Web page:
Then Jesus spoke to the crowds and to His disciples, saying: “The scribes and the Pharisees have seated themselves in the chair of Moses; therefore all that they tell you, do and observe, but do not do according to their deeds; for they say things and do not do them. They tie up heavy burdens and lay them on men’s shoulders, but they themselves are unwilling to move them with so much as a finger. But they do all their deeds to be noticed by men; for they broaden their phylacteries and lengthen the tassels of their garments. They love the place of honor at banquets and the chief seats in the synagogues, and respectful greetings in the market places, and being called Rabbi by men. But do not be called Rabbi; for One is your Teacher, and you are all brothers. Do not call anyone on earth your father; for One is your Father, He who is in heaven. Do not be called leaders; for One is your Leader, that is, Christ. But the greatest among you shall be your servant. Whoever exalts himself shall be humbled; and whoever humbles himself shall be exalted” (Matthew 23:1-12).

Jesus taught His followers to obey the teachings of the Scribes and Pharisees. Since they seated themselves in the seat of Moses, teaching the Law, Jesus did not desert their teaching. He agreed with them theologically. Yet, He also instructed His followers to practice critical thought and see that the Pharisees and Scribes were, at large, hypocritical–failing to apply their doctrine to their religious practice. So, Jesus was not a renegade so much as a critical thinker and cultural commentator. Pharisees were not evil just for being Pharisees. There were good and bad things, and Jesus Himself addressed the particulars of doctrine and practice–always defending the Scriptures as they were written. He did not buck that tradition but defended it in the face of the hypocrisy of His day. When He did criticize tradition, it was only because the newer tradition conflicted with the Scriptures and the Mosaic Law. Jesus defended what honored the Father and rejected what did not.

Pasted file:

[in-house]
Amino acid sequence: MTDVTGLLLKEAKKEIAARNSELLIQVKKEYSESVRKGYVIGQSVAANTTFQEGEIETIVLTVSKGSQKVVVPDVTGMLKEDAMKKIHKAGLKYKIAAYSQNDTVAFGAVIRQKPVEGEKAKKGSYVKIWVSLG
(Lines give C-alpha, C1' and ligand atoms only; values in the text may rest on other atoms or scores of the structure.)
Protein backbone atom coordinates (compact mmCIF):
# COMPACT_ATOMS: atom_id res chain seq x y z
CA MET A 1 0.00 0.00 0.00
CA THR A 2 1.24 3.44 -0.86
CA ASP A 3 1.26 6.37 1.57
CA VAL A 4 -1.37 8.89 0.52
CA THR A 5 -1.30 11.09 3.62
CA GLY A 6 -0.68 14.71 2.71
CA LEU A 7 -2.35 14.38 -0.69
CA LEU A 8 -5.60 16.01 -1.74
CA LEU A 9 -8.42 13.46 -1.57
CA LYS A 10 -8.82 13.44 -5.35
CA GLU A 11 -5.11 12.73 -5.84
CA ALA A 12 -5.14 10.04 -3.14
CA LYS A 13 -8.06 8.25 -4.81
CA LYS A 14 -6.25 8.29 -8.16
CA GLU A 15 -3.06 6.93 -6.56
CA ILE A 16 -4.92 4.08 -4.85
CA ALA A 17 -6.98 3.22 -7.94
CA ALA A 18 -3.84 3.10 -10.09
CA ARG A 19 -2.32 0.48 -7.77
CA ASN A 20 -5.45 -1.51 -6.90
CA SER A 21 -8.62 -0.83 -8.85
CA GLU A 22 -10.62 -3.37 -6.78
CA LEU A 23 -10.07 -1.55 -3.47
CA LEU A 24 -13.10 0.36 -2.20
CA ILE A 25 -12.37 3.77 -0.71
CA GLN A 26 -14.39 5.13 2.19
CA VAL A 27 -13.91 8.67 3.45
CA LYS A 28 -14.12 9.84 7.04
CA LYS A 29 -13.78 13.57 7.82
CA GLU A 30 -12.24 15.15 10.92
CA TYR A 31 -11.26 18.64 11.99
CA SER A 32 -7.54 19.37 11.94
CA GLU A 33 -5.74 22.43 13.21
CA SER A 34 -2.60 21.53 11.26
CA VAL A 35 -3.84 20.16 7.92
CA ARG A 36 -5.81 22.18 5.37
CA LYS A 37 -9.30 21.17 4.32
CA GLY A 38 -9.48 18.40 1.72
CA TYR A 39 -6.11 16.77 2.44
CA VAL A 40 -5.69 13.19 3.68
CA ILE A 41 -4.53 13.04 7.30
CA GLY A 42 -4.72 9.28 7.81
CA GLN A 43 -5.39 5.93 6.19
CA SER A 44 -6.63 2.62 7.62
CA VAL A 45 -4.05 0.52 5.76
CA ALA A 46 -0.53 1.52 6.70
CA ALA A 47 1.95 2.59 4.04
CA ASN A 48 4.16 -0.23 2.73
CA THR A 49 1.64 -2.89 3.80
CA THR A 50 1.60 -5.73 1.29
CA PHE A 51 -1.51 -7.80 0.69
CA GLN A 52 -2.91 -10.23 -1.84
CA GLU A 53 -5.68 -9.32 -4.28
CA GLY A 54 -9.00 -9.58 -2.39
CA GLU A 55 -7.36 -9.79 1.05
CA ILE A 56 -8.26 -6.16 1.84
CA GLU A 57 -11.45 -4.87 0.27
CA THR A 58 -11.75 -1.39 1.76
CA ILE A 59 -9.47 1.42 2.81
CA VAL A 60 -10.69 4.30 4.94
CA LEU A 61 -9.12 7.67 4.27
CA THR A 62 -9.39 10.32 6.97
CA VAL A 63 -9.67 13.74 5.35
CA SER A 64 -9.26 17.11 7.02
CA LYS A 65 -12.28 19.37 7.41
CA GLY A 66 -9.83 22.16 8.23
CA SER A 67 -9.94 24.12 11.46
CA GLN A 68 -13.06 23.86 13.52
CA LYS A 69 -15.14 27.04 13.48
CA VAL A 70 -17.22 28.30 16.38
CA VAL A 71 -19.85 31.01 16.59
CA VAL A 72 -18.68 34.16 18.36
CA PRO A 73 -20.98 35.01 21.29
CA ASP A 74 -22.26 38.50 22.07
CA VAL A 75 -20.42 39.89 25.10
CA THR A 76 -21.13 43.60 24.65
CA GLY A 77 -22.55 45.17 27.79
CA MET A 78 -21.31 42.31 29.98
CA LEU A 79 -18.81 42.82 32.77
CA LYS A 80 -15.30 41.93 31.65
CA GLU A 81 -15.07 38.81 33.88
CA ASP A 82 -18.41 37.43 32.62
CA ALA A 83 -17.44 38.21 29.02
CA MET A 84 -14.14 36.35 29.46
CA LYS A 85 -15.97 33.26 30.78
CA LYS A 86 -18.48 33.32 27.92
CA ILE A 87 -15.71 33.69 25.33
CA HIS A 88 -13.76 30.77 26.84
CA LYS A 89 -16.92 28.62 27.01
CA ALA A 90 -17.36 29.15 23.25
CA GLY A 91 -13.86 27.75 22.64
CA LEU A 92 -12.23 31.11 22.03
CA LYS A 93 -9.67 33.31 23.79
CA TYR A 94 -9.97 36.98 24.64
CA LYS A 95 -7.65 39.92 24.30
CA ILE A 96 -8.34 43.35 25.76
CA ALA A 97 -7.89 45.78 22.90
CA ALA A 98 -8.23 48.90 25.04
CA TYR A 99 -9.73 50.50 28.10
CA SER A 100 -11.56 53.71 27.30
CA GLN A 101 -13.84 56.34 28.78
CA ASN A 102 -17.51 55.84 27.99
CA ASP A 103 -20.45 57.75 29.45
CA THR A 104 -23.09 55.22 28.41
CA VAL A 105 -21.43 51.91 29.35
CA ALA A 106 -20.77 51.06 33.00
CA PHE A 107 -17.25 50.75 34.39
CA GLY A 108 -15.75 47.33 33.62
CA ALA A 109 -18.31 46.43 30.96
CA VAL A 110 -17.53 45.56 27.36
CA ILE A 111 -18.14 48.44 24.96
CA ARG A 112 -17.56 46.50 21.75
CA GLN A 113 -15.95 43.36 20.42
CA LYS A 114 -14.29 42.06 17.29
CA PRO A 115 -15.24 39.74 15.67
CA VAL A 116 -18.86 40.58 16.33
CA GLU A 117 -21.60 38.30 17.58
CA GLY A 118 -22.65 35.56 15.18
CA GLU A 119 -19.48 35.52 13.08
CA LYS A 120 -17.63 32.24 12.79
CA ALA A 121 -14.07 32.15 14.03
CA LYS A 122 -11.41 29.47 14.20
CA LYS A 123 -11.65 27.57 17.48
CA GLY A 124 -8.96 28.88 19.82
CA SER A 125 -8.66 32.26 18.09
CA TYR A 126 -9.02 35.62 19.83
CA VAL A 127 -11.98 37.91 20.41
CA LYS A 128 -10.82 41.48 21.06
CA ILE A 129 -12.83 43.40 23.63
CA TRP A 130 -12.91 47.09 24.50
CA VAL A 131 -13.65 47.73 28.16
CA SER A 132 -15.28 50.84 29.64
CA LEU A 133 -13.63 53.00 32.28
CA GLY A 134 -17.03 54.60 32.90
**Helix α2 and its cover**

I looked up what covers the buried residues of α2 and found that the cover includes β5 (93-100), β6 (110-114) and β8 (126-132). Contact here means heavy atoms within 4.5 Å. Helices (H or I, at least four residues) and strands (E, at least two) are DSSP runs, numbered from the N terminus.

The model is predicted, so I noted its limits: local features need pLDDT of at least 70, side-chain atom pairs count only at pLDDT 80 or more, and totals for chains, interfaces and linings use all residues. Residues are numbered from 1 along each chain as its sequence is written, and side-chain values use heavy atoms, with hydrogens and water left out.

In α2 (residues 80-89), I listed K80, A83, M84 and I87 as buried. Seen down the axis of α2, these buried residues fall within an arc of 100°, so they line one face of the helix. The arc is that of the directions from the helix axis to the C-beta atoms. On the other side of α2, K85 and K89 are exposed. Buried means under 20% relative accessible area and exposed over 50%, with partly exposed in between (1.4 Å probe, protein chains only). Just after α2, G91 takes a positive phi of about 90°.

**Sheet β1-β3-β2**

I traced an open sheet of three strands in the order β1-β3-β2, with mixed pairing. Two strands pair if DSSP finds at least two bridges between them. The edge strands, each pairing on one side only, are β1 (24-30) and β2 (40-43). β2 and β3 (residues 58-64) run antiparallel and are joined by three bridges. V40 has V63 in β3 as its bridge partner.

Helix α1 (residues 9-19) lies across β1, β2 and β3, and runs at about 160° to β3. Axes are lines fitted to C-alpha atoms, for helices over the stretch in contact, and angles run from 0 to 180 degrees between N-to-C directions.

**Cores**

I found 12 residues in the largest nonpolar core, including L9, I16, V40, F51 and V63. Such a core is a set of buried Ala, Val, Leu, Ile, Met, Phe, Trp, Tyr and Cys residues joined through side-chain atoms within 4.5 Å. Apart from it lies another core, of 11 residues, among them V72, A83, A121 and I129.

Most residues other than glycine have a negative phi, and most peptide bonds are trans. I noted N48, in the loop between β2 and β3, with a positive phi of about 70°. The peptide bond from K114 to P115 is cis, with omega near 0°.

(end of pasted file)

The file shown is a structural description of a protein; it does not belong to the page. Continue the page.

1. “Jesus was a refugee.”